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Panama Papers, Illicit flows and Africa’s Health Sector

by hr

I had a fair understanding of what the African Union and UN Economic Commission for Africa (AU/ECA) are doing regarding Illicit Financial Flows (IFF) when I attended the AU/ECA High Level Panel Report on IFF and the Civil Society ‘Stop the Bleeding” Africa IFF Campaign on Wednesday, 15th July 2015 at Radisson BLU Hotel in Addis Ababa. It was a side event during the 3rd United Nations Finance for Development Conference. The meeting tagged ‘Implementation of the AU/ECA High Level Panel Report on IFF and the Civil Society “Stop the Bleeding” Africa IFF Campaign as a citizen’s response’. The meeting got an opening remarks by H.E. Mr. Thabo Mbeki, Former President of South Africa and Chair of the AUC/ECA High Level Panel on Illicit Financial Flows.

The meeting recognized that “while the present global attention around illicit flows is positive and indeed creates an important hook and rallying point to discuss key issues concerning Africa’s development, especially the domestic resource mobilization component.”

Now, coming back to the present, I was among the people that received via email from UNECA on the 9th of April the Statement by Thabo Mbeki, Chair of Panel of IFF titled ‘Panama Papers: The AU/UNECA High Level Panel’s Warnings on Tax Evasion, Illicit Financial Flows and Tax Havens are Not Just another Recommendation!’

It made an interesting reading and provide simple information for many readers yet to understand the ‘Panama papers” and their implication to the common man. It says “over the past few days, there has been a furore in the global community regarding reports on “the Panama Papers”, an enormous leak of more than 11 million documents which are said to date back up to four decades and are allegedly connected to a Panama law firm. According to the International Consortium of Investigative Journalists (ICIJ), this firm has, in all that time and possibly longer, helped establish secret shell companies and offshore accounts for the rich and the powerful globally. On an even graver note, data from these documents show that that the firm worked with more than 14,000 banks, law firms, company incorporators and other middlemen to set up companies, foundations and trusts for customers.”

The statement observed further that the Panama Papers elaborately bring to light issues that the African Union (AU) / United Nations Economic Commission for Africa (ECA) High Level Panel (HLP) on Illicit Financial Flows (IFF) from Africa vigorously underscored in the Findings in its Report released and endorsed by African Heads of State and Government in January 2015.

Panamas papers

The Thabo Mbeki Statement recommended that;

  1. Specific efforts must continue to put political pressure on the countries that enable a high level of financial opacity or that have laws enabling banking secrecy and the registration of shell companies.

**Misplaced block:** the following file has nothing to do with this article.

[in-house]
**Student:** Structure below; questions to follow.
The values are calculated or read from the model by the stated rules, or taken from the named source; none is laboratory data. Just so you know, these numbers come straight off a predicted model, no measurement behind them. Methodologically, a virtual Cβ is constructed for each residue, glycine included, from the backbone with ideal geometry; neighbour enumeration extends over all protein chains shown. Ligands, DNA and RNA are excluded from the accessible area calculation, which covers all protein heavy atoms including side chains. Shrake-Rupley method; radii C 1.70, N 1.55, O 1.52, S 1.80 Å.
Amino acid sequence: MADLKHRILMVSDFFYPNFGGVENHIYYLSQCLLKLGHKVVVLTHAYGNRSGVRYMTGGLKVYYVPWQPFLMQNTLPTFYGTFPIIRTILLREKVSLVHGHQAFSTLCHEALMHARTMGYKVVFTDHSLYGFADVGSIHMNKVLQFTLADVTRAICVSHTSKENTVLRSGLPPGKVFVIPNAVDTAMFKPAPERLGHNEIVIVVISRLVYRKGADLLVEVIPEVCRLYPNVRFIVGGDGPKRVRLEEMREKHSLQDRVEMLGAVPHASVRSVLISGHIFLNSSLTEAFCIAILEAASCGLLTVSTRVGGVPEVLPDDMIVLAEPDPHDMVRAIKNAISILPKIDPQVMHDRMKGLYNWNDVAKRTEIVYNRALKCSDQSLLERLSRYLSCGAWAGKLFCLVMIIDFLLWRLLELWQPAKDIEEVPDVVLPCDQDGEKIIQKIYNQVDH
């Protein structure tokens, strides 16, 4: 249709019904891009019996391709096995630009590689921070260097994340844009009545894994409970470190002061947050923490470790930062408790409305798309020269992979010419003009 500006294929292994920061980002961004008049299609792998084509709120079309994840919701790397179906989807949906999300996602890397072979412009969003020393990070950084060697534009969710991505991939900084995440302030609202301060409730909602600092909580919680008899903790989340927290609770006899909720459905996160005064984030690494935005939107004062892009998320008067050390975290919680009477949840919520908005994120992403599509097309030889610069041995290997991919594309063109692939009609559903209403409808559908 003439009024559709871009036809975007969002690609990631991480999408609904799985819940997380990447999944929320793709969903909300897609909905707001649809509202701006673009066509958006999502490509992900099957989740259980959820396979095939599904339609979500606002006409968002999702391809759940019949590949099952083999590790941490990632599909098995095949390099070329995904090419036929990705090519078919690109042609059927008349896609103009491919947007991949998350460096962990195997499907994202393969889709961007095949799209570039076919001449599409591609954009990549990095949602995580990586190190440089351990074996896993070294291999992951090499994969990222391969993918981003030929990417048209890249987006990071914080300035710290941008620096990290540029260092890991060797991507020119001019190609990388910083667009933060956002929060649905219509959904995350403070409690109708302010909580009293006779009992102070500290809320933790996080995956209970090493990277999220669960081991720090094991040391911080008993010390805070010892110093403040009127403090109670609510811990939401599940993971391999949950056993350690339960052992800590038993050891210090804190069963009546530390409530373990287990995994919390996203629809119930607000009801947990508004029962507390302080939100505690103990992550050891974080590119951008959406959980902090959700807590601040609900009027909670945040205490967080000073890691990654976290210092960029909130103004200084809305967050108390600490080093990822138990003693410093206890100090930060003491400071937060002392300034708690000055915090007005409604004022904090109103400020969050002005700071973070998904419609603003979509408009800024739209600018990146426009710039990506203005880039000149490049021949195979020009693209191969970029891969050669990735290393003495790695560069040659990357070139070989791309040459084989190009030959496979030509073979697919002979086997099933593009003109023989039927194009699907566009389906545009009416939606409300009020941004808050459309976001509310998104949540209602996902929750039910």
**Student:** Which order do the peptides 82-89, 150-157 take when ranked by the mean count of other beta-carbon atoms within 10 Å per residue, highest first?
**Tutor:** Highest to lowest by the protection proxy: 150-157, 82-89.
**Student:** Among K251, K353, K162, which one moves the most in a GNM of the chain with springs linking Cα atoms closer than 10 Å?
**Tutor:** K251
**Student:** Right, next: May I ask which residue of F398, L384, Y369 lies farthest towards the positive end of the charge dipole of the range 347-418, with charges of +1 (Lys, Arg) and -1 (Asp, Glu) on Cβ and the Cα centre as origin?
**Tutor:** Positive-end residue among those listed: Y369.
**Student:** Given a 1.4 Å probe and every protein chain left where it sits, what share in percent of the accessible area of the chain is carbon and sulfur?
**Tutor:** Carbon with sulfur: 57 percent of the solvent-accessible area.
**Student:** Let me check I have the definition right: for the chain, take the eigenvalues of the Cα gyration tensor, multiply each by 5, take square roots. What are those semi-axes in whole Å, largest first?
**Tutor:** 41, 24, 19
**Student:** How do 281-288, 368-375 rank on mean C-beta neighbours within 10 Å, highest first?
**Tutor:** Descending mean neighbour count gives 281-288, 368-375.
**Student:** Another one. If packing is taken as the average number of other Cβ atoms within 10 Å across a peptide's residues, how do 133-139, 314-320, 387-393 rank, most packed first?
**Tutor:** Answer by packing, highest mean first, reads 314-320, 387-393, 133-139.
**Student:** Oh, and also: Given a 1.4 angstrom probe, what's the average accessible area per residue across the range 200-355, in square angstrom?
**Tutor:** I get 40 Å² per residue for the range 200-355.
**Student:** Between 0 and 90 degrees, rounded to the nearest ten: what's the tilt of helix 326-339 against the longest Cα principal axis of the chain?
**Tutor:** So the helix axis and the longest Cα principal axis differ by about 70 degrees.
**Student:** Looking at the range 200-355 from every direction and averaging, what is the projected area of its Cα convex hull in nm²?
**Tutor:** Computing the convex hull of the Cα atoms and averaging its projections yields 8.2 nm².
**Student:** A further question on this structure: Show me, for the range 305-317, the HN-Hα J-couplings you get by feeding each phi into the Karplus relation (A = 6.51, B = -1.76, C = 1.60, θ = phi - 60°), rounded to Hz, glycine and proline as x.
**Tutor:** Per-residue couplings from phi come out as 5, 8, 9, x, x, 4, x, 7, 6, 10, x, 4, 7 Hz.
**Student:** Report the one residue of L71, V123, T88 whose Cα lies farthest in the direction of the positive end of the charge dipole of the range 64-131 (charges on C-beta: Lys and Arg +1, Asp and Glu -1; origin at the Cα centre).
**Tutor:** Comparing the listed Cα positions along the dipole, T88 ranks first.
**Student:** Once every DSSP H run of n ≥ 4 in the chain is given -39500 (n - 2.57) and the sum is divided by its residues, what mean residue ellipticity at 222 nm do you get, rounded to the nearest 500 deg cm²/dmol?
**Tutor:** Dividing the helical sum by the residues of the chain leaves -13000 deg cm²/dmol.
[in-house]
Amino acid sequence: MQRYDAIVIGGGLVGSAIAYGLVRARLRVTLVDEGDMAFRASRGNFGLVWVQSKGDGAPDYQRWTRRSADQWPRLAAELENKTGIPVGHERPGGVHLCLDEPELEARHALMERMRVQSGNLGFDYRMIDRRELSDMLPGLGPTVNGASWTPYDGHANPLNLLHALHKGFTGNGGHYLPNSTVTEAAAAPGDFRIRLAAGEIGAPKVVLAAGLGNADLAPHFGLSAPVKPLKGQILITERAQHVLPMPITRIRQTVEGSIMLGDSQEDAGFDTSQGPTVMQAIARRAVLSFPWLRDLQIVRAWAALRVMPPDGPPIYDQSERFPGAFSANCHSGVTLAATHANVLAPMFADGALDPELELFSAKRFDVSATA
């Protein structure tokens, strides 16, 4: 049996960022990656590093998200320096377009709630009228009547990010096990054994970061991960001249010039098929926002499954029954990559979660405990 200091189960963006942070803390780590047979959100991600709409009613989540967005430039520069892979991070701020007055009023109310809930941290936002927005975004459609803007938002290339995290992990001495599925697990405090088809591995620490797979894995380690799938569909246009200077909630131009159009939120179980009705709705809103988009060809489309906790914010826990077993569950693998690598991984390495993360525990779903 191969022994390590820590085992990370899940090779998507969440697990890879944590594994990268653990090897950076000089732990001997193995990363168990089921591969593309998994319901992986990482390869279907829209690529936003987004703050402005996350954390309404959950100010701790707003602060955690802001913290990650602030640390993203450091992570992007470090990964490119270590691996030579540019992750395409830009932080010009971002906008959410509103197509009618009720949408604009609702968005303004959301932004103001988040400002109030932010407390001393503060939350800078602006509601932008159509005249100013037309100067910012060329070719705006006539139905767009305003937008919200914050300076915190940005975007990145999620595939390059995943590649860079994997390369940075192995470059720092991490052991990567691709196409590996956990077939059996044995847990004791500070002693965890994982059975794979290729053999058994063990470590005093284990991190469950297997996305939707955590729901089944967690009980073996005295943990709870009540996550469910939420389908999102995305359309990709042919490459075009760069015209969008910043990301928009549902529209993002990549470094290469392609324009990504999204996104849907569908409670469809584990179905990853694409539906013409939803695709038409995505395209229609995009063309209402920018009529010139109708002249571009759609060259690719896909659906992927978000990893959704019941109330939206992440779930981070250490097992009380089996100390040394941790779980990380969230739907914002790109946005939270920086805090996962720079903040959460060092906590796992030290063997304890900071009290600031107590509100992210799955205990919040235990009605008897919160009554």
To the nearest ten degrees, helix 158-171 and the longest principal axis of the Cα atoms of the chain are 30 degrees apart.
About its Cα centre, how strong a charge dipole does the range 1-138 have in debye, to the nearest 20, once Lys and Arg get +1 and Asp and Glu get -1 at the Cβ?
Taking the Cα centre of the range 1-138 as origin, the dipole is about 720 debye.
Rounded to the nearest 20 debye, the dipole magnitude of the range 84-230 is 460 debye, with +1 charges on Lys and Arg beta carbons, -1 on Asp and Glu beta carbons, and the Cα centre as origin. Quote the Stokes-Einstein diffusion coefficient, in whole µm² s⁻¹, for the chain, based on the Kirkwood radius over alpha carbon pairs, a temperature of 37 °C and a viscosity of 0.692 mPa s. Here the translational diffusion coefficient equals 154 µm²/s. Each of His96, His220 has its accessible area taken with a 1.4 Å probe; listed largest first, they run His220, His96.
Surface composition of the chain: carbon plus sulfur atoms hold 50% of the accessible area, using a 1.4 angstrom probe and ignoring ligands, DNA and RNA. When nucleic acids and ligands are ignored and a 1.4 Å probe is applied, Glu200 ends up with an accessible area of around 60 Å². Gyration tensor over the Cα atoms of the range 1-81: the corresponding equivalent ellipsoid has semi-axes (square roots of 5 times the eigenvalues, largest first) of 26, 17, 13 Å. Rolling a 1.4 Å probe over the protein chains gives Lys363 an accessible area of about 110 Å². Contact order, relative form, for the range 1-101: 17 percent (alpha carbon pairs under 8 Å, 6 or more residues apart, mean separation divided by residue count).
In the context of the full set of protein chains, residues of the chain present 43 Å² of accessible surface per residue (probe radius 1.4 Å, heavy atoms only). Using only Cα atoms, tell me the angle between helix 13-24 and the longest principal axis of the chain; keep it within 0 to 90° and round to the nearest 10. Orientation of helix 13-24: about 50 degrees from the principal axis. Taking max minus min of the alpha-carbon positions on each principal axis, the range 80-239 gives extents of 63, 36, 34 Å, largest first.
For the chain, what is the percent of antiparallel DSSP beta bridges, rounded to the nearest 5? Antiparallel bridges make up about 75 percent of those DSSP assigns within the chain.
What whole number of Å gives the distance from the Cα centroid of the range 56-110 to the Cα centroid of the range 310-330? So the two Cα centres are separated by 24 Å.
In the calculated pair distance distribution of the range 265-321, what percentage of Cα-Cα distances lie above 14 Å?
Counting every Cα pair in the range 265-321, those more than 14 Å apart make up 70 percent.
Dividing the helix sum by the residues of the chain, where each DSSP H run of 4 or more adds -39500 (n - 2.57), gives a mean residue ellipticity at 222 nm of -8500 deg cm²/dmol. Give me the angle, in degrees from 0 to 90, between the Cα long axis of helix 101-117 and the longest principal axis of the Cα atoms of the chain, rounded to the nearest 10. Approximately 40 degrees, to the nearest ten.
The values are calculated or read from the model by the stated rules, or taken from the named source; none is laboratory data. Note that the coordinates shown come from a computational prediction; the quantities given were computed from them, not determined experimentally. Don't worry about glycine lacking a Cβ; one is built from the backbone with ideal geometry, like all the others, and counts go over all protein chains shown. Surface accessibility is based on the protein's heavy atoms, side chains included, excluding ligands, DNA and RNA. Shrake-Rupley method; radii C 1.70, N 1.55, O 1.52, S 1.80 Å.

1. The global community in all of its institutions, including parliaments must take all necessary steps to eliminate secrecy jurisdictions, introduce transparency in financial transfers and crack down on money laundering.
  1. It is rather a time for deep reflection and regret that we have allowed the practice to persist which is made possible among others by the existence of Tax Havens/Financial Secrecy Jurisdictions.
  1. Global community to act in a firm and comprehensive manner to end the Illicit Financial Flows and close down the Tax Havens/Financial Secrecy Jurisdictions which serve as the domicile of these Illicit Financial Flows.

How are all these related to Africa’s health sector? The health sector is facing one of the most crucial challenges of dwindling financial resources to address critical issues including emergencies like Ebola, Zika and Lassa fever. The Global Fund for HIV. Tuberculosis and Malaria is calling on African governments to increase domestic finances. The Global Alliance for Vaccines is transiting some African countries from getting free vaccines due to. Many international donors are calling on counterpart funding to finance health sector in Africa. Thus, the need to stop illicit financial flows so that domestic resources could be channel to health sector.

The Embargoed press release that will be shared during the World Bank/IMF Spring Meeting on Friday 15th April 2016 has quoted the Africa Health Budget Network succinctly “it has been shown that public participation and open budgets can improve the health of its citizens because those budgets will be more influenced by the priorities of the people who use health services every day. We see from the ‘Panama Papers’ that transparency matters because it’s our money. Imagine what $50bn could provide for Africa if it were not going elsewhere through illicit financial flows. African voices are calling for better spending on women and children. Value our health”.

All comments to Dr Aminu Magashi Garba Publisher Health Reporters and Coordinator Africa Health Budget Network  (healthweekly@yahoo.com


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